Football in Exile: The Chagos FA and the Struggle to Get Their Islands Back
Establishing a national football team can be difficult, particularly if the British Government forcibly depopulated your entire country.
Yet despite living in exile in Mauritius, Seychelles and the UK this is exactly what the Chagossian people have done.
Sabrina Jean is a second generation deportee who settled in the Britain in 2006 after living in Mauritius. Since 2013 she has organised the Chagos FA, who represent the Chagossian diaspora as part of Conifa – the Confederation of Independent Football Associations.
“I was inspired to start a football team after two friends of mine gave me some advice on how it can benefit my campaign,” said Mrs Jean.
“So after long consideration we started the Chagos Football Association. Now since we created the team many other countries know about the Chagossian struggle.”
The Chagos Islands are an archipelago in the Indian Ocean, administered as part of the British Indian Ocean Territory.
The islanders were deported during the 1970s so the United States could build an enormous military base in exchange for Polaris nuclear technology. More than 100 pets are said to have been gassed during the expulsion to prevent Chagossians from returning to them.
The islanders have since struggled to maintain their identity and to fight for their return. Many have settled in Crawley, West Sussex. Despite living in the UK, Chagossians are often denied citizenship by the British Government and the public remain largely unaware of the issue.
Chagossians are hoping that initiatives like the national football team will gain attention and garner public support.
The Chagos FA first played in 2013, against the Principality of Sealand. Since then they have played against sides such as Somaliland, Tamil Eelam, Panjab and Barawa. Chagos even participated in the 2016 Conifa World Cup in Abkhazia.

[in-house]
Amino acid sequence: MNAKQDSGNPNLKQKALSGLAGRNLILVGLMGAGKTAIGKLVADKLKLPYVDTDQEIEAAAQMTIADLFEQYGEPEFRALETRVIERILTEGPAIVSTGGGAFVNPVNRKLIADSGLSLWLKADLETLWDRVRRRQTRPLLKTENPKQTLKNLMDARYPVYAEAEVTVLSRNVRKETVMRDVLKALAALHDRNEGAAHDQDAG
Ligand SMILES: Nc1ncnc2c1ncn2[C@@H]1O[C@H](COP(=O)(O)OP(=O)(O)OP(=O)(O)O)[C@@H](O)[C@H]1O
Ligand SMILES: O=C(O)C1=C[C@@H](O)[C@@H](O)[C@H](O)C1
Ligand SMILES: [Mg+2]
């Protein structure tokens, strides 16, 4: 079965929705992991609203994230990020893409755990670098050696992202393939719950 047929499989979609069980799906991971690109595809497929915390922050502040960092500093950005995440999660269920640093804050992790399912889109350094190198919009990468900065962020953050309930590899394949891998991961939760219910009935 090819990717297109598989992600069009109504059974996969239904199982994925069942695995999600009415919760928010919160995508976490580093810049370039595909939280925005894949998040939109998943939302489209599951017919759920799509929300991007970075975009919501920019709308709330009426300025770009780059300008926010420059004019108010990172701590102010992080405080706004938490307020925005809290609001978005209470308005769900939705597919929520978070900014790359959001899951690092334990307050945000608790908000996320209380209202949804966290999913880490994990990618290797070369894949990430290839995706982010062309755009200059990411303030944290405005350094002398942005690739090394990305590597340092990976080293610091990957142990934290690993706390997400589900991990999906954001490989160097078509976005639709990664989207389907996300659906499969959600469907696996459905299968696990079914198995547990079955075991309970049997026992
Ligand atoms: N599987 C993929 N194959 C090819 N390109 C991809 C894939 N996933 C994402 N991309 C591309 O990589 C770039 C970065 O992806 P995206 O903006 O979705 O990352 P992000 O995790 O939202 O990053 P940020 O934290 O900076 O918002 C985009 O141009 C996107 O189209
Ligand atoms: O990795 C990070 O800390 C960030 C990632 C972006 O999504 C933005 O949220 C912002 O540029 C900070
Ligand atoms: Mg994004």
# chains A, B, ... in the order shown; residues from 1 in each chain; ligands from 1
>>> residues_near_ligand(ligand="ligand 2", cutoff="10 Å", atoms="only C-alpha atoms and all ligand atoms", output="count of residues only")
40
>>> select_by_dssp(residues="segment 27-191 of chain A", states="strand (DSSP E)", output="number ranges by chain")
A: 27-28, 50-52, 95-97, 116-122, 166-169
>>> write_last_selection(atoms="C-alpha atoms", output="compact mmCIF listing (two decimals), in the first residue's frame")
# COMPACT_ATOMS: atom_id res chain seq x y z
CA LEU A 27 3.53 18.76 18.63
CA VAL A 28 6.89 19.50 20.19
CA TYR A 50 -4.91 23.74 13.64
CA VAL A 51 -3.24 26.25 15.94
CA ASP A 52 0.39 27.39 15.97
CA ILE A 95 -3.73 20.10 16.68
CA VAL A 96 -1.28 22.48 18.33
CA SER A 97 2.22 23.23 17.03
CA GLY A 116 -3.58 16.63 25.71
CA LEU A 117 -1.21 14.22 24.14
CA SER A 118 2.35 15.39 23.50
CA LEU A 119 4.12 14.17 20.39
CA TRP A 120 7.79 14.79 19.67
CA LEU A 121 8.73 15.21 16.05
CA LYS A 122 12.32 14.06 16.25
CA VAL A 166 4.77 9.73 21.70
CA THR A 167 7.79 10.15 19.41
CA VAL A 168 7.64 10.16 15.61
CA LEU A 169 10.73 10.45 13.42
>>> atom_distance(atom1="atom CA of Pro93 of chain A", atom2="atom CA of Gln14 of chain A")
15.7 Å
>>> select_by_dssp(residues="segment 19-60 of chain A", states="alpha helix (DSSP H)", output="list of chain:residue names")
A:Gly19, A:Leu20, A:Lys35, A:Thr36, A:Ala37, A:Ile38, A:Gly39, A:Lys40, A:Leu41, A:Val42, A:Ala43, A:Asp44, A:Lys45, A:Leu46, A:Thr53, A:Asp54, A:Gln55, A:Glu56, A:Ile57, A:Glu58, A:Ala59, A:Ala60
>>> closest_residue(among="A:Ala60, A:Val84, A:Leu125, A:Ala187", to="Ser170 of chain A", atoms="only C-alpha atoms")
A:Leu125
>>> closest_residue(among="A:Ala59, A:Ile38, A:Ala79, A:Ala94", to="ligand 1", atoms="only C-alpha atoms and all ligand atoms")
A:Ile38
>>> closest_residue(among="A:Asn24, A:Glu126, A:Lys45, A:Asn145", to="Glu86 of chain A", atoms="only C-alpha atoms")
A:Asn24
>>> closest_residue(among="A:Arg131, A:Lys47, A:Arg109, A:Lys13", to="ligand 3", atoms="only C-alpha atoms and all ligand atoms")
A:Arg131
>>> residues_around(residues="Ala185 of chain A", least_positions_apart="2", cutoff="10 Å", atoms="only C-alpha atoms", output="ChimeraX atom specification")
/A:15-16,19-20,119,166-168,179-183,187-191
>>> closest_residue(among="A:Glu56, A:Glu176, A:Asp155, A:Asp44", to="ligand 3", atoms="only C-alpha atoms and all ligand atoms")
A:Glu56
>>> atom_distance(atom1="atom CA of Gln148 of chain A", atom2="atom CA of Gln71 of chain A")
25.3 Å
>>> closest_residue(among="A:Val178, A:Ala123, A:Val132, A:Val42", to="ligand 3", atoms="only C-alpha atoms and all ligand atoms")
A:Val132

Chagos enter the field alongside their opponents: Bruce Grobbelaar’s Matabeleland
Funding has been a long-standing issue for the organisation. The precursor to the Chagos FA, the Union Chagossiene de Football, were forced to fold in 2012.
Mrs Jean added: “We have many difficulties, we don’t have a specific place to train also we don’t have a sponsor. We have made lots of applications to have a sponsor but these have been in vain.”
Conifa has gained a lot of publicity in recent years as a mode for which ethnic groups, identities, and other groups otherwise unable to join Fifa can compete and raise their profile.
Despite the assortment of identities within Conifa, the Chagossians are a rarity, as alongside the Rohingya FA they form one of the few participants unable to return to the country they are representing.
The chance to come together and be represented can however be taken as a welcome positive after decades of persecution.
Vice chair of the UK Chagos Support Association Stefan Donnelly said: “It’s an amazing chance for young people, most of whom have never been to the Chagos Islands, to connect with their heritage.
“As a direct result of the brutal deportations of the 1960s & 1970s, many of these young people have had hugely difficult lives. The Chagos Islands National Football Team gives them a chance to show their pride in what remains an incredibly committed, close knit and proud community.”